They have also lost players in coverage and did so again. Sometimes it’s because of a miscommunication. In this case, Westry, playing in place of injured Anthony Averett, simply bit too hard on a double move by Marquise Goodwin, and he blew by Westry for a stunning 49-yard touchdown that looked as if it would the game-winner.
Ravens defensive coordinator Don “Wink” Martindale loves to blitz, bringing pressure from a variety of sources and directions, and loves to be unpredictable. But big-time pressure is one thing when you have All-Pro cornerbacks Marlon Humphrey and Marcus Peters on the outside in man coverage. It’s another thing when it leaves a third-string cornerback on an island with the game on the line.
The Ravens aren’t really getting to the quarterback even with all the pressure they bring. The Ravens came into this game ranked third in blitz frequency, according to Pro Football Reference, but they had registered 19 sacks, which was tied for 20th. Is the risk worth the reward?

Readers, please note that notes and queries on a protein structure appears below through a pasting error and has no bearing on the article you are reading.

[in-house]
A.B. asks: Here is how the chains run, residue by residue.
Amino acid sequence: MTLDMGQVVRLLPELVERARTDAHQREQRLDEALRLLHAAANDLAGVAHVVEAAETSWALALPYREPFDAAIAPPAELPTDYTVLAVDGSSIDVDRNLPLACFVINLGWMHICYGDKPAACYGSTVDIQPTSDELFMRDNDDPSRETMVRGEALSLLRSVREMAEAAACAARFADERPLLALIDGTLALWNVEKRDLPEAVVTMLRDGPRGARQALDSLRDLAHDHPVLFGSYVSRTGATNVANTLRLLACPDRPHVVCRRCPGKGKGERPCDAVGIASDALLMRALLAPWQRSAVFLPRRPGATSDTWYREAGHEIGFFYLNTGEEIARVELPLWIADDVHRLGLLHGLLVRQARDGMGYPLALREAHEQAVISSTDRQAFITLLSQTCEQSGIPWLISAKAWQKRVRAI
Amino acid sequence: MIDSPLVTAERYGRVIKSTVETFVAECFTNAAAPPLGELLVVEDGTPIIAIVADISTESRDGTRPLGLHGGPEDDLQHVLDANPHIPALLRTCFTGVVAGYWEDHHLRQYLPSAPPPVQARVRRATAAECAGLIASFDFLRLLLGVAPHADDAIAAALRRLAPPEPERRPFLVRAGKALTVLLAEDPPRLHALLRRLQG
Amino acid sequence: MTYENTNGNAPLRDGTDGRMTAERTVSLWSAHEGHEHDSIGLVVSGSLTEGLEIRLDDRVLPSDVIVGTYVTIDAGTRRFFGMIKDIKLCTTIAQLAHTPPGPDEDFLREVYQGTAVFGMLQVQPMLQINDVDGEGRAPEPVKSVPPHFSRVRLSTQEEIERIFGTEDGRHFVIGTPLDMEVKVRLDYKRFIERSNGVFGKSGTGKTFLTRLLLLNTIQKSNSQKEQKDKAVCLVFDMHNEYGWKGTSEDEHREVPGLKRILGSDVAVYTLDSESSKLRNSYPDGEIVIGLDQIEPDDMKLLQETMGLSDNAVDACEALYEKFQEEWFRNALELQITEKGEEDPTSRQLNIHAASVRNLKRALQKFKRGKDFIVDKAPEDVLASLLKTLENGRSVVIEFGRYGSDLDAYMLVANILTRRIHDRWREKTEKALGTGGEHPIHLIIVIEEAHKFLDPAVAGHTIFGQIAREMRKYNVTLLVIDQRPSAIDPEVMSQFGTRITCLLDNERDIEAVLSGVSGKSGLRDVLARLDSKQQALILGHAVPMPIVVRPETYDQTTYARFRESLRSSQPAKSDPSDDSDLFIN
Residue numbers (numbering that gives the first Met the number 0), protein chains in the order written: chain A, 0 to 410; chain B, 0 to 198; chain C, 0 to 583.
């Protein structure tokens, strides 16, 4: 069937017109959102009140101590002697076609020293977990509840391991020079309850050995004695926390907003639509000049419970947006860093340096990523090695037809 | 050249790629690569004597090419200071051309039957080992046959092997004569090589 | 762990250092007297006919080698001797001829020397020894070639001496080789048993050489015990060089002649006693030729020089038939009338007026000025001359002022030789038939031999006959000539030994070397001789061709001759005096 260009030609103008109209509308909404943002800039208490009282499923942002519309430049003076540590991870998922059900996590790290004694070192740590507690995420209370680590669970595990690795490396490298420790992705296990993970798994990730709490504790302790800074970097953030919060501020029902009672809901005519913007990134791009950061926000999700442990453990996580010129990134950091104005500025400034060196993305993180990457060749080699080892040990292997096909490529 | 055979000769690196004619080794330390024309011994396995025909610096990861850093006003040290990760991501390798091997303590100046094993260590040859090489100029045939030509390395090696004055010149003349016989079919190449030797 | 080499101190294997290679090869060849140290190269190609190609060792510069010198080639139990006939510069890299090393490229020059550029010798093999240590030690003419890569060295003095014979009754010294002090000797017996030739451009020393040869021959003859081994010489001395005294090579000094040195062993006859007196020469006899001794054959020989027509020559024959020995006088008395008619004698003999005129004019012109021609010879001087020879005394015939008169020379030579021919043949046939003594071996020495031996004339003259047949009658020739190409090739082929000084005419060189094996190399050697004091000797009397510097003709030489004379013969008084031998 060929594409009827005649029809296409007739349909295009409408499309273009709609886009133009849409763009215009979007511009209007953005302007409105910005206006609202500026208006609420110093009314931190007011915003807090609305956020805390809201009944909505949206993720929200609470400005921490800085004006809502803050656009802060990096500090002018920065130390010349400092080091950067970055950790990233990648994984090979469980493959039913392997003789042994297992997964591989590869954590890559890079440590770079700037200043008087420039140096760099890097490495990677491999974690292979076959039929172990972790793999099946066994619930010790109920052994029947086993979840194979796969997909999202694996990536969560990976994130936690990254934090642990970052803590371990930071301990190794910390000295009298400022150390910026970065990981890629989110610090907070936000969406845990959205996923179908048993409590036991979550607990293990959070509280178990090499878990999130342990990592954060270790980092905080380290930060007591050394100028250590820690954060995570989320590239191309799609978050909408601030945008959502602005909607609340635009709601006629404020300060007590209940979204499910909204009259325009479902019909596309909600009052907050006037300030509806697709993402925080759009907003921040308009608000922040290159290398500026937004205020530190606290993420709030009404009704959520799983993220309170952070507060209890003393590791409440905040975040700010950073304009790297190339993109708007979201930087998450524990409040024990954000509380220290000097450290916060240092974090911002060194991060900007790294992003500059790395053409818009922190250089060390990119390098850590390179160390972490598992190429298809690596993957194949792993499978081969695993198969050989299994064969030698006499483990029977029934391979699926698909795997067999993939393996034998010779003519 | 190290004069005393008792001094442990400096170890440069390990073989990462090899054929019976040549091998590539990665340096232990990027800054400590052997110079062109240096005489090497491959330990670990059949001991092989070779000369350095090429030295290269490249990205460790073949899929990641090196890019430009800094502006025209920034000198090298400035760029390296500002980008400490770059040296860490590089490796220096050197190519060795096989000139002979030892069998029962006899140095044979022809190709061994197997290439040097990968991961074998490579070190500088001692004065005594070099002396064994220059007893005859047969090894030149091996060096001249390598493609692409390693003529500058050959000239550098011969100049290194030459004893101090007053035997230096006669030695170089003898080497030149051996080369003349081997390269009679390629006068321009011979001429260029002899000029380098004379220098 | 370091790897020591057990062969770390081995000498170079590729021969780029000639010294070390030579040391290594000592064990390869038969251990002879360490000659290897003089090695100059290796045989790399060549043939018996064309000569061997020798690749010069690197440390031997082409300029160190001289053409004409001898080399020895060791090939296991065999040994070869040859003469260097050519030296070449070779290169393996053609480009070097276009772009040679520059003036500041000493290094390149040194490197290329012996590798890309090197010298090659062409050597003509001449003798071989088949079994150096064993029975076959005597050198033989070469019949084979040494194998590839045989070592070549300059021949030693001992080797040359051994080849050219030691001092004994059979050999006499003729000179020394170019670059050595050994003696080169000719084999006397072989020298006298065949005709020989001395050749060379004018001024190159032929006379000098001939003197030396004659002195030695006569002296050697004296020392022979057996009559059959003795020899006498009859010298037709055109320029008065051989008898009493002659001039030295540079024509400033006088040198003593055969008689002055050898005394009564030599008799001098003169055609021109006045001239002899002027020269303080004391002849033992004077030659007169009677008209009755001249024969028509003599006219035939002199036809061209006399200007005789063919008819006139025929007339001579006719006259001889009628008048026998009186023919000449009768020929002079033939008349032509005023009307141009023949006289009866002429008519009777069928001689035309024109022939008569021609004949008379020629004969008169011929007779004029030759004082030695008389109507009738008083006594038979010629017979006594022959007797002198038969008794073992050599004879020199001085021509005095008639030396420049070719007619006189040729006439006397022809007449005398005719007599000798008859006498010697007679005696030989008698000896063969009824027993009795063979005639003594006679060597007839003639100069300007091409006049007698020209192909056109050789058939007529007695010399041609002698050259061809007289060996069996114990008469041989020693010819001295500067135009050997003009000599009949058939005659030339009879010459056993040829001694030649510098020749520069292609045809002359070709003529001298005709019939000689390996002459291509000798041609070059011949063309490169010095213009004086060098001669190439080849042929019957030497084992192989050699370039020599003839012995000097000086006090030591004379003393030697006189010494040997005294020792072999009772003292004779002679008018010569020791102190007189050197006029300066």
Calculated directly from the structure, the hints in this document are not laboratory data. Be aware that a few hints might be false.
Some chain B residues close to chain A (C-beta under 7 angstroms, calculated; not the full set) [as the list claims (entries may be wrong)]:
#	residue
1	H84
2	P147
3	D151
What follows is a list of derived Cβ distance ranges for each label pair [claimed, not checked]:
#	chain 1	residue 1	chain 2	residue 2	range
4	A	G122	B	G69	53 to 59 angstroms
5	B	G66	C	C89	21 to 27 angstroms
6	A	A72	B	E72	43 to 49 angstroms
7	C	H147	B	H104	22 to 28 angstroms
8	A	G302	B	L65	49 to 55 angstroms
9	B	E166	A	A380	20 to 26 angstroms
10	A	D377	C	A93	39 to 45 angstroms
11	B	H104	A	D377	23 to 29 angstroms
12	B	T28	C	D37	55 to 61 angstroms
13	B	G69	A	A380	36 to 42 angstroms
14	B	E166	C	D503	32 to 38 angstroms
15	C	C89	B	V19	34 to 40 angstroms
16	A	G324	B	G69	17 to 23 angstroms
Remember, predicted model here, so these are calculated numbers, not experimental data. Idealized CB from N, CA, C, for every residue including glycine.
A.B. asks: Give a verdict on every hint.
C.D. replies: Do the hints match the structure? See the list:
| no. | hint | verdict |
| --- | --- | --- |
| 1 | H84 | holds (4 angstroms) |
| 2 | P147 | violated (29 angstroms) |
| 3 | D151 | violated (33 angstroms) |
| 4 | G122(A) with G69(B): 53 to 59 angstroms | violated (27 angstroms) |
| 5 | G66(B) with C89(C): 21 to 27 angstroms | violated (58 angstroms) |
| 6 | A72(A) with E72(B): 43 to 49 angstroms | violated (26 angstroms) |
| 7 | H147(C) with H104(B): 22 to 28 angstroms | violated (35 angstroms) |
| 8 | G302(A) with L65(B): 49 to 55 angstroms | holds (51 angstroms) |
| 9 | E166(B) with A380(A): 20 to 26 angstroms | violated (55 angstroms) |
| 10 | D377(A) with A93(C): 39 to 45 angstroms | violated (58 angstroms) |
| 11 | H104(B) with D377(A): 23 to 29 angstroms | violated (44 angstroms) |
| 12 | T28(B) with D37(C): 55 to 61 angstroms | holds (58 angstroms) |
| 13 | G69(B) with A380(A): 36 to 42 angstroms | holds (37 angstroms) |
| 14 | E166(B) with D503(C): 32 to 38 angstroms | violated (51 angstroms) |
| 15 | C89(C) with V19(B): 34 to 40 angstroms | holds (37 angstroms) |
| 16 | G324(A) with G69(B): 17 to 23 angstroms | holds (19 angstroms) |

The Ravens’ normally stellar defense ranks 24th in the league this year, and was dead last in pass defense entering this game. The lack of tackling, the bad coverage breakdowns, reared themselves again and only the Bears’ proclivity to snatch defeat from the jaws of victory kept it from costing them the game.
3. Tyus Bowser stepped up in a big way.
It was fitting that Tyus Bowser got to Andy Dalton for a sack on the Bears’ final Hail Mary attempt at the end of the game, because Bowser played a huge role for a Ravens defense that was missing several starters. Bowser finished with five tackles and two sacks, including a strip sack that was recovered by Calais Campbell and set up the Ravens first score of the day.
Bowser also made a nice open-field tackle on Justin Fields on the play that ultimately knocked Fields out of the game. He didn’t get faked out by Fields, stayed with him and dropped him for a gain of 6 on third-and-11 that forced a Bears punt near midfield.